Point of no return
You could argue that the inciting incident and point of no return are one and the same. Once the animals overthrow Jones, Napoleon’s gambit to install himself as supreme commander is underway. However, symbolically, the point of no return could also be the animals’ adoption of the Seven Commandments of Animalism, which are painted on the barn.
One of the first causally crucial things Napoleon does is sequester a litter of puppies with the purpose of teaching them the principles of Animalism. In fact, he is planning ahead.
In the first major challenge to Napoleon’s plans, Mr Jones returns with other humans to take back his property. However, Napoleon and Snowball organize an effective defense, with Snowball in particular playing a heroic part and getting shot in the leg.
After the Battle of the Cowshed, Snowball proposes the animals build a windmill, which will eventually reduce their collective labour. Seeing the threat to his leadership, Napoleon declares Snowball an enemy of Animal Farm, then sends his puppies (now grown into vicious dogs) to chase Snowball away.
Following this, Napoleon convinces the animals that the windmill was his idea, and after a purge of other animals whom he claims are Snowball’s spies, few are left willing to question his authority.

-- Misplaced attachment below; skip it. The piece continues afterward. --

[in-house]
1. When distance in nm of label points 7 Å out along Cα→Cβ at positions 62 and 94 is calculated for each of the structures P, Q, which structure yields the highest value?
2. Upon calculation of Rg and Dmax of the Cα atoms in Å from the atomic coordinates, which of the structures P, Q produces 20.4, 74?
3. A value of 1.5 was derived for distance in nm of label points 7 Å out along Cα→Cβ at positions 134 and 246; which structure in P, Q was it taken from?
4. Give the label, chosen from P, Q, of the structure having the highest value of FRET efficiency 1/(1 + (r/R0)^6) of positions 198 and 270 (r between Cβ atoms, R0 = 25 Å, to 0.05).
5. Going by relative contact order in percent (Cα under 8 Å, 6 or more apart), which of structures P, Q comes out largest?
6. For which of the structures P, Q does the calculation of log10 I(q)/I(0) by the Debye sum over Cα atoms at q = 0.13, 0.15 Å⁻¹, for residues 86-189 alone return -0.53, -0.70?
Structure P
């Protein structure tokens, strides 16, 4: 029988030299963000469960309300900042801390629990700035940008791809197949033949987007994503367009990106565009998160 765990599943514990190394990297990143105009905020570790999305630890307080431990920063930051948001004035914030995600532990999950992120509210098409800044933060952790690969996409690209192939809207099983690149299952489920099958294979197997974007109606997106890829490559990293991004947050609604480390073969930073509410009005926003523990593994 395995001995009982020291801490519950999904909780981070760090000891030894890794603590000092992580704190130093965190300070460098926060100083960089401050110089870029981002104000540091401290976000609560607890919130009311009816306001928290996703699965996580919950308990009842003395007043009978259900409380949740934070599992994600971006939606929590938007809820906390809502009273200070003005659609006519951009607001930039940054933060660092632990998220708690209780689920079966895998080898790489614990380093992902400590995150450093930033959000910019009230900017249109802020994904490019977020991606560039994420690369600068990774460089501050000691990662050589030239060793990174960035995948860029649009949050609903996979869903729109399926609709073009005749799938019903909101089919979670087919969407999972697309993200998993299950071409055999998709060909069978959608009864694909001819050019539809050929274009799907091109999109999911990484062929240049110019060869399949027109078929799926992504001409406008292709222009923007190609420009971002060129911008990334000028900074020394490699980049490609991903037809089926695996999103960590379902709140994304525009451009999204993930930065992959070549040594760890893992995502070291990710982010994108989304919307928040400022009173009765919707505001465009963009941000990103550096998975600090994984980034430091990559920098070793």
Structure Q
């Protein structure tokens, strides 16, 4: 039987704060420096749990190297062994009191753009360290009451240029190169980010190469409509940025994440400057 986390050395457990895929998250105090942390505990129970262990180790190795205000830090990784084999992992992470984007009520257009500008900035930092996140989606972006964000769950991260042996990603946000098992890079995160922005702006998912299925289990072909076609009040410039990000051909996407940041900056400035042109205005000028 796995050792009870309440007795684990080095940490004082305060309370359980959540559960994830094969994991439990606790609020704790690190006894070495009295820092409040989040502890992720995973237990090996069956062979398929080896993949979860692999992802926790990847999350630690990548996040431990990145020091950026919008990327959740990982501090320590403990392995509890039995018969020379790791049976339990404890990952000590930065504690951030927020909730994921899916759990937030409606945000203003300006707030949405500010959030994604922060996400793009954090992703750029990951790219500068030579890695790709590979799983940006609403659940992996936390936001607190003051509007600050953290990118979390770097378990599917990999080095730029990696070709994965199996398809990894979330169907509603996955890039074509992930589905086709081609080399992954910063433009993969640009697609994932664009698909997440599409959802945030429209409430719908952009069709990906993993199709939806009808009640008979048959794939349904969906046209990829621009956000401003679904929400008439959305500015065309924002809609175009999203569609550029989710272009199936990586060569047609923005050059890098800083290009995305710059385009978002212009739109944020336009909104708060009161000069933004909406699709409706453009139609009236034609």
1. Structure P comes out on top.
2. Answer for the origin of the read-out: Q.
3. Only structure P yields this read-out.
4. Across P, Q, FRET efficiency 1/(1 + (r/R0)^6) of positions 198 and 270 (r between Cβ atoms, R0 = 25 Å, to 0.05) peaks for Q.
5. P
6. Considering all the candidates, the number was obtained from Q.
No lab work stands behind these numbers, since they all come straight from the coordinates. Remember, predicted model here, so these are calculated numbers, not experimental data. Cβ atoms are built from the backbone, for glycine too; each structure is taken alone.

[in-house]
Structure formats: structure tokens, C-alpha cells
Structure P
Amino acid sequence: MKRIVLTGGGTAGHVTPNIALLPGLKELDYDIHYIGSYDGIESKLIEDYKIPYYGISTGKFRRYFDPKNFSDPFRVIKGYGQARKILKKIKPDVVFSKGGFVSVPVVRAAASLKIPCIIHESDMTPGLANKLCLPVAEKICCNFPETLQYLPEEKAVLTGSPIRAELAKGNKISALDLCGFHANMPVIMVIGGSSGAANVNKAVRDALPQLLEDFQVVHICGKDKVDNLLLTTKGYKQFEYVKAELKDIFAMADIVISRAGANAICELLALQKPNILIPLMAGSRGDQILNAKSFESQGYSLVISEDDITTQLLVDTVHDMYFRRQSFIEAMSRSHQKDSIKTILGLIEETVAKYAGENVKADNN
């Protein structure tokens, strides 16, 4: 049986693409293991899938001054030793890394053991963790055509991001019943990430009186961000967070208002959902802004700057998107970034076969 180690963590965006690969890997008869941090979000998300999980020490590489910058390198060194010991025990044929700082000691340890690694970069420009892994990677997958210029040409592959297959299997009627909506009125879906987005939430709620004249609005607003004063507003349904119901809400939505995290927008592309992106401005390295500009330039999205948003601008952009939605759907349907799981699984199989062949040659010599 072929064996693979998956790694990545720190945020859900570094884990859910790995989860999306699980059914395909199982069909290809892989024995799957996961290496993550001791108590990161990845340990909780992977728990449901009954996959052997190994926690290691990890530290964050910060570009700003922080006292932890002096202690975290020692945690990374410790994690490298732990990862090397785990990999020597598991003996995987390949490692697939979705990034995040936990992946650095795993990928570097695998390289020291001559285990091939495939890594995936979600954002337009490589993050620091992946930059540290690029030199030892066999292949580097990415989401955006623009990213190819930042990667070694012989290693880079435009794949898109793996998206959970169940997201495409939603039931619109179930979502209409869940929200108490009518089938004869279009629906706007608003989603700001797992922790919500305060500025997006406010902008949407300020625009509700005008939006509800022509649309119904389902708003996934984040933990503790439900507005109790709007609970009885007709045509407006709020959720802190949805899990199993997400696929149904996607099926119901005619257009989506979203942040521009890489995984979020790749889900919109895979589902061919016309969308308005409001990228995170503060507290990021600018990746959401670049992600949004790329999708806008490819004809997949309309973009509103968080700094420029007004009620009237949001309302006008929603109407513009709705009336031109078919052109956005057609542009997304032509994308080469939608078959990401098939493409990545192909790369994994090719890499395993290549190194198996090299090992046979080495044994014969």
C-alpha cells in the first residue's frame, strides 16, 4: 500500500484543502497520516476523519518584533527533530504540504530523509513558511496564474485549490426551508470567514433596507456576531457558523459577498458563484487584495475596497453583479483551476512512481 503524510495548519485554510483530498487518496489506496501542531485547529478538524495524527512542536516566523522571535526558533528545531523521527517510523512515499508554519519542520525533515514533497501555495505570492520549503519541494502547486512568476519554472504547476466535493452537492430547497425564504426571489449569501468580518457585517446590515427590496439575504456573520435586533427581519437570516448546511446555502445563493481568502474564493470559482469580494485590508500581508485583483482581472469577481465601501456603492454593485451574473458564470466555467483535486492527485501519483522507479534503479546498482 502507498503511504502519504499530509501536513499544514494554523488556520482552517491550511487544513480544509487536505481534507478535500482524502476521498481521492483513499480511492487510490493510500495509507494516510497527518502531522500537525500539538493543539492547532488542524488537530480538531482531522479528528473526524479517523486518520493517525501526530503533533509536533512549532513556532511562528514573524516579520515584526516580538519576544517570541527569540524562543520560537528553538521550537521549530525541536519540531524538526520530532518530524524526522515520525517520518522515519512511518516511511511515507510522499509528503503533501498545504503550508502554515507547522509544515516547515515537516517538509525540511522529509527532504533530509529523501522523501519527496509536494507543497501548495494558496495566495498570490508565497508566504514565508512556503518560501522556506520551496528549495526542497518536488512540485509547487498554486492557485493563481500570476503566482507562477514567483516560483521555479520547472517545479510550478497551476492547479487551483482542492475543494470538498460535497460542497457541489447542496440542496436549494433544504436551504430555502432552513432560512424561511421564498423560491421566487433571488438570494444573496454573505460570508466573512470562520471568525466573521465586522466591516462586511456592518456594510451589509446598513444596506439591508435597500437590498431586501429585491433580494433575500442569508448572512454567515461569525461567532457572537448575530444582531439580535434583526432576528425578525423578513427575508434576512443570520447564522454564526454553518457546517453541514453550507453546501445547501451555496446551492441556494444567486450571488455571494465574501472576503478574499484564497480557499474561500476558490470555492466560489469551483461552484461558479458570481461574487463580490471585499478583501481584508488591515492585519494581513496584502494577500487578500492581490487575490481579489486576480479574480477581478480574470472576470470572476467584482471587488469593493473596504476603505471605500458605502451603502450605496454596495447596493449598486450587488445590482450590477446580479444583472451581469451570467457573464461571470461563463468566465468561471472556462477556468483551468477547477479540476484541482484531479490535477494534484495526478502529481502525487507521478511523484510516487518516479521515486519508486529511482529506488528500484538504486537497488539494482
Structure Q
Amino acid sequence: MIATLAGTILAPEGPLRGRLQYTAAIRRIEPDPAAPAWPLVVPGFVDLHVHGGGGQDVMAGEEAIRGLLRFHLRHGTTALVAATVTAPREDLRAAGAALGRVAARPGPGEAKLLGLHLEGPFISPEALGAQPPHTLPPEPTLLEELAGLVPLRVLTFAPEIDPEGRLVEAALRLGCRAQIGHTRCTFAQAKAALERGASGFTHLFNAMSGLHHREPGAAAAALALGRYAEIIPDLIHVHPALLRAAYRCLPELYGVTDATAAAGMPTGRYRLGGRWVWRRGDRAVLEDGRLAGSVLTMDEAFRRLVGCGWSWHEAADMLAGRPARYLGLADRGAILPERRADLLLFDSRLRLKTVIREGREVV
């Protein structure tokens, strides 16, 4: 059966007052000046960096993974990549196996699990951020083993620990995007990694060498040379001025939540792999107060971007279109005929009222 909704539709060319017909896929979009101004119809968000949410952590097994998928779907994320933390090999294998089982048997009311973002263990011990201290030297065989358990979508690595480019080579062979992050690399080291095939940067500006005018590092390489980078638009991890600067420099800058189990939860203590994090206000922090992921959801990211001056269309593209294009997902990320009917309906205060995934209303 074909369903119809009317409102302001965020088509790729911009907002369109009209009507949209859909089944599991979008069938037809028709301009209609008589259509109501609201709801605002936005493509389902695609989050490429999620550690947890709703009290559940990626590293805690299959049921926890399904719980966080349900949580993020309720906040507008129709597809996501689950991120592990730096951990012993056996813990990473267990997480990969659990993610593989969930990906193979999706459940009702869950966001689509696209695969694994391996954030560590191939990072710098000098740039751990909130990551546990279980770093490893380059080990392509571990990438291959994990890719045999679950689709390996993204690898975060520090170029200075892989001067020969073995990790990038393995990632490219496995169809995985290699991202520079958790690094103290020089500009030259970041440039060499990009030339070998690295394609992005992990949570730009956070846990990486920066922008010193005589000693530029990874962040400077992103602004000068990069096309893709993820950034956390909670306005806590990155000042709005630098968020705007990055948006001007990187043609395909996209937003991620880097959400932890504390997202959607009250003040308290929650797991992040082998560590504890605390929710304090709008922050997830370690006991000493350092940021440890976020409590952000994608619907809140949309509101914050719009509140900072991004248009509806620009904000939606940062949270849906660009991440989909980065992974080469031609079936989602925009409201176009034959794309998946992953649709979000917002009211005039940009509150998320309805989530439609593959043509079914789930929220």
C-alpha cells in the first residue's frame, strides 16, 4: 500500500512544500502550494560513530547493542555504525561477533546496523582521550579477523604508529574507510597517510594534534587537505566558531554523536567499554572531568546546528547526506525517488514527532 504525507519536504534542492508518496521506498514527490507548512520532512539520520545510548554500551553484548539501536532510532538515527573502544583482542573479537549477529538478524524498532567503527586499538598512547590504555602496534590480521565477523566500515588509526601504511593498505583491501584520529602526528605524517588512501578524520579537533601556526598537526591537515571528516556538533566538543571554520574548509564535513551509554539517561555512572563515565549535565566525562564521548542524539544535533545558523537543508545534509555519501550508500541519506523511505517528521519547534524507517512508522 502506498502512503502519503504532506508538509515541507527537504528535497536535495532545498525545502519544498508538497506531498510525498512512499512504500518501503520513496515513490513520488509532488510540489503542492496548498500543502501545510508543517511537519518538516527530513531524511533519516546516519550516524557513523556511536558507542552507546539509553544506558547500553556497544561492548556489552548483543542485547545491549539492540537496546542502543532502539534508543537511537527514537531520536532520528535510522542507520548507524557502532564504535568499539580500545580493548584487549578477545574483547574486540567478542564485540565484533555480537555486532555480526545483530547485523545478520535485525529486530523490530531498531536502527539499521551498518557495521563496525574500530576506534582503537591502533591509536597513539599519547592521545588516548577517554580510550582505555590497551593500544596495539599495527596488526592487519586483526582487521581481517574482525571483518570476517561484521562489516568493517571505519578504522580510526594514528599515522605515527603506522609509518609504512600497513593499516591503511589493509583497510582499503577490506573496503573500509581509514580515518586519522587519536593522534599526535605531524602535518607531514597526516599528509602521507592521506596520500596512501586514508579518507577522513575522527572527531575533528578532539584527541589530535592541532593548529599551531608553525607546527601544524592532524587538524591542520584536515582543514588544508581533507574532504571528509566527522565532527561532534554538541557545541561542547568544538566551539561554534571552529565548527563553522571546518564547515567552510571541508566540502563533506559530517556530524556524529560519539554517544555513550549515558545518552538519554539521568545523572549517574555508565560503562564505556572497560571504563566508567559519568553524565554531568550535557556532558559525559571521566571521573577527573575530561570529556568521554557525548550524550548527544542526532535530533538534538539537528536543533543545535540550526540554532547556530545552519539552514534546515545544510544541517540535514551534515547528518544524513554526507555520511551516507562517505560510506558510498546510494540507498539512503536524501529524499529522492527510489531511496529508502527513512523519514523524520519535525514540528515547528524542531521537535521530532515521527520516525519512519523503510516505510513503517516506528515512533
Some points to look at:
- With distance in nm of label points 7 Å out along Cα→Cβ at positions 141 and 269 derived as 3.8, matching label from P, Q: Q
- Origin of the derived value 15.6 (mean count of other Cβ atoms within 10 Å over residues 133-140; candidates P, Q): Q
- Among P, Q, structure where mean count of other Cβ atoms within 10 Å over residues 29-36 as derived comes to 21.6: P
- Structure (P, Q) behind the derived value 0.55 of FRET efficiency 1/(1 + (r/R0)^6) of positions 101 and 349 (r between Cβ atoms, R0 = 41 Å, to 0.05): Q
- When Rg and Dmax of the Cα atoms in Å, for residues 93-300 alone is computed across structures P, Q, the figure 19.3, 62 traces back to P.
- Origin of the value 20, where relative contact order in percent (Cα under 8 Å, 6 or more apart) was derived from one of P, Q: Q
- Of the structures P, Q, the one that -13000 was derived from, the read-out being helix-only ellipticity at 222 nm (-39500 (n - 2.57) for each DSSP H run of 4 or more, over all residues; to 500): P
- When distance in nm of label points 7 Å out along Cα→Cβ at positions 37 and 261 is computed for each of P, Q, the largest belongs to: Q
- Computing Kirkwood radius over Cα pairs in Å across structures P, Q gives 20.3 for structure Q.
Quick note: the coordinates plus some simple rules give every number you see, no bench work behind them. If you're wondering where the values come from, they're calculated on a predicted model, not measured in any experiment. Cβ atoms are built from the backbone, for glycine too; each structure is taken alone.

The first windmill fails, but with time they rebuild. Animal Farm is poised to do well. But then comes the midpoint. Mr Frederick, the neighbouring farmer, leads a new attack and blows up the windmill. The animals manage to repel the humans, but many are wounded, including Boxer the draft horse.
All is lost—the dark moment
The attack by Mr Frederick leads to a new crisis for Napoleon in that Benjamin the donkey figures out that Boxer has been sold to the glue factory. Boxer is well respected, and for a moment it seems the animals will finally realize the truth about Napoleon’s scheme. However, the pigs spin more lies and convince the animals that Boxer has been sent to a veterinarian.
The erosion of the Seven Commandments of Animalism begins soon after Snowball is ejected, but there is still a bit more rising action for Napoleon as he makes further changes. “No animal shall kill another animal” becomes “No animal shall kill another animal… without cause.” Bit by bit, he paves the way for the pigs to act more and more like humans, for example by sleeping in beds (“No animal shall sleep in a bed” becomes “No animal shall sleep in a bed… with sheets”) and drinking whiskey (“No animal shall drink alcohol” becomes “No animal shall drink alcohol… to excess”).
When the pigs start wearing clothing and walking on two legs, the first commandment is changed from “Whatever goes upon two legs is an enemy” to “Two legs are better than four.”
The climax comes, not in the sense of a final high-stakes drama, but in Napoleon’s crowning achievement: he cements his ownership in the eyes of his human neighbours. In order to prevent humans from staging another attack, Napoleon decides to form an alliance, and so he hosts a dinner party. He also ditches the revolutionary traditions that led to the formation of Animal Farm and reverts to the name Manor Farm.
As the humans and pigs share food and whiskey and play cards together, some of the animals peer inside the farmhouse. They can no longer tell the difference between the humans and pigs.
Experiences transform us. Though there isn't a singular protagonist with a complex character arc, the farm and its inhabitants undergo substantial metamorphosis.